it was well past midnight at this point and we had 3 hungry kids on our hands. so michael and i braved it and found a convenience store where we picked up some assorted snacks. including the goldilocks and the three bear version of cup noodle.
we were all asleep by 3am. that’s way past my bedtime and we ended up sleeping a tad late on Sunday morning. which was alright, because i’d purposely left sunday as a pretty easy tourist day.
Five years ago today we arrive in Thailand. It still ranks as probably the most stressful time of my life.
revisiting the haiku and x365…
you speak a truth i can hear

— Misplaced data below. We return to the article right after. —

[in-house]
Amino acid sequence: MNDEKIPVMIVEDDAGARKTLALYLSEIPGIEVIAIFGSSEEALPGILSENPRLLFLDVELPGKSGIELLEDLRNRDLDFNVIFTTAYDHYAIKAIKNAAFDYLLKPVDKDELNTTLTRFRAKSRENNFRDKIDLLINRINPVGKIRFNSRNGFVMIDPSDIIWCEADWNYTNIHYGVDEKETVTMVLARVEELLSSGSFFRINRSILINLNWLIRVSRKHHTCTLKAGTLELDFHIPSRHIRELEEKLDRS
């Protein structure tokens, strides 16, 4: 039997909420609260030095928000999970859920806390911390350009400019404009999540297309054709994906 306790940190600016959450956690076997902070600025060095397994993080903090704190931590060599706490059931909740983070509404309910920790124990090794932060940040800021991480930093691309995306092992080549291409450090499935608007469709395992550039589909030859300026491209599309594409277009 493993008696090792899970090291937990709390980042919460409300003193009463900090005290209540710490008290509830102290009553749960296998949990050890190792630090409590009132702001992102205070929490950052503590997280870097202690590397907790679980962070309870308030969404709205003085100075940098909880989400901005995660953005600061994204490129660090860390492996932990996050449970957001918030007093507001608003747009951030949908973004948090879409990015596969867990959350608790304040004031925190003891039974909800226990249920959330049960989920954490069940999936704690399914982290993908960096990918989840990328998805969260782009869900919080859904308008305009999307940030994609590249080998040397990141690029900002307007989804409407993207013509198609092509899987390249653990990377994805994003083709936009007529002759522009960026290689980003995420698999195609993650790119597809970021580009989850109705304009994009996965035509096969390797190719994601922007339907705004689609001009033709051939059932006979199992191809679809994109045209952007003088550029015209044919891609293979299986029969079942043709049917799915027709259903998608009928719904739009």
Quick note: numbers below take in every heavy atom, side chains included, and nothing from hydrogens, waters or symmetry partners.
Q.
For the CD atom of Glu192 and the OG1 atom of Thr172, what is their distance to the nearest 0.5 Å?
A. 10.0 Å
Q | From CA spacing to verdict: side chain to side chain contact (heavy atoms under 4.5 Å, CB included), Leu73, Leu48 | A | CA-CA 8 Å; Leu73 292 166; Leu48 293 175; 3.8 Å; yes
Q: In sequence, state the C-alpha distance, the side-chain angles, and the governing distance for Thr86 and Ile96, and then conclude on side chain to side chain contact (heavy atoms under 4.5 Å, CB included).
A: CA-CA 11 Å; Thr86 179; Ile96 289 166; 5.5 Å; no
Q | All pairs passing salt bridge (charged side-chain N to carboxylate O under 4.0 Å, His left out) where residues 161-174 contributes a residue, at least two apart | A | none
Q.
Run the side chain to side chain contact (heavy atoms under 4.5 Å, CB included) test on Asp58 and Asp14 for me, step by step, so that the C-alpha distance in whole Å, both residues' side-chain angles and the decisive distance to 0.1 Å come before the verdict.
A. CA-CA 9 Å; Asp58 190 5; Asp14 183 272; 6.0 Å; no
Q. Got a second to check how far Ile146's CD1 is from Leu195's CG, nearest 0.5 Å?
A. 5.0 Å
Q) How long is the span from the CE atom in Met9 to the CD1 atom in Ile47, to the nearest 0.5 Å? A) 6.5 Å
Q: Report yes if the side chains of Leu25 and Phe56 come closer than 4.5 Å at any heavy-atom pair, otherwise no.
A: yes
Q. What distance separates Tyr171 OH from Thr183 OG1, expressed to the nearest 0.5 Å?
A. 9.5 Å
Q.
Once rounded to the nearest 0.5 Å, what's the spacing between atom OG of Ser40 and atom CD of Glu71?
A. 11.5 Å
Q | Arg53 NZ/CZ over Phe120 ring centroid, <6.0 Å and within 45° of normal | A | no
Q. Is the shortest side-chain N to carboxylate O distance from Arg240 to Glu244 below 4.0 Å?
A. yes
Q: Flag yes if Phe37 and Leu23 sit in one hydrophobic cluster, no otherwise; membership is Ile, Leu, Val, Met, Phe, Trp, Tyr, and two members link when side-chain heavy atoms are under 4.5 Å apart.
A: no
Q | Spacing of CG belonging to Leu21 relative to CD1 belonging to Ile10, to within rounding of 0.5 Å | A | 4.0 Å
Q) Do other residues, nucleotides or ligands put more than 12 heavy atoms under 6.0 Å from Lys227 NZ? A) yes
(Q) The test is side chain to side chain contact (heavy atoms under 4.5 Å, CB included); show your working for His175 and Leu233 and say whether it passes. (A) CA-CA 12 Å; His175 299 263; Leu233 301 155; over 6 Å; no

my heart whisperer
every once in a while i think of our move to thailand and what it’s cost. not monetarily – that’s too depressing – but more of what the trade has been (which is slightly more depressing). the value of one rich cultural experience vs. another rich cultural experience, because i do consider the culture of family to be one of great value.
my memories of growing up include so many that are flooded with family. i lived very close to extended family. easter, thanksgiving, christmas, birthdays, random sundays, and many summer days were frequently spent with my great grandmother, grandparents, great aunts and great uncles, my mom’s cousins and their kids. and those memories are wonderful. even though it’s been several years since i’ve experienced a holiday with so many relatives i couldn’t keep track of them all, that’s how i remember them. and that’s what i know we’ve caused our children to miss. that deeply rich experience of knowing and being known by generations of your people.
i think i feel it most deeply every year at thanksgiving.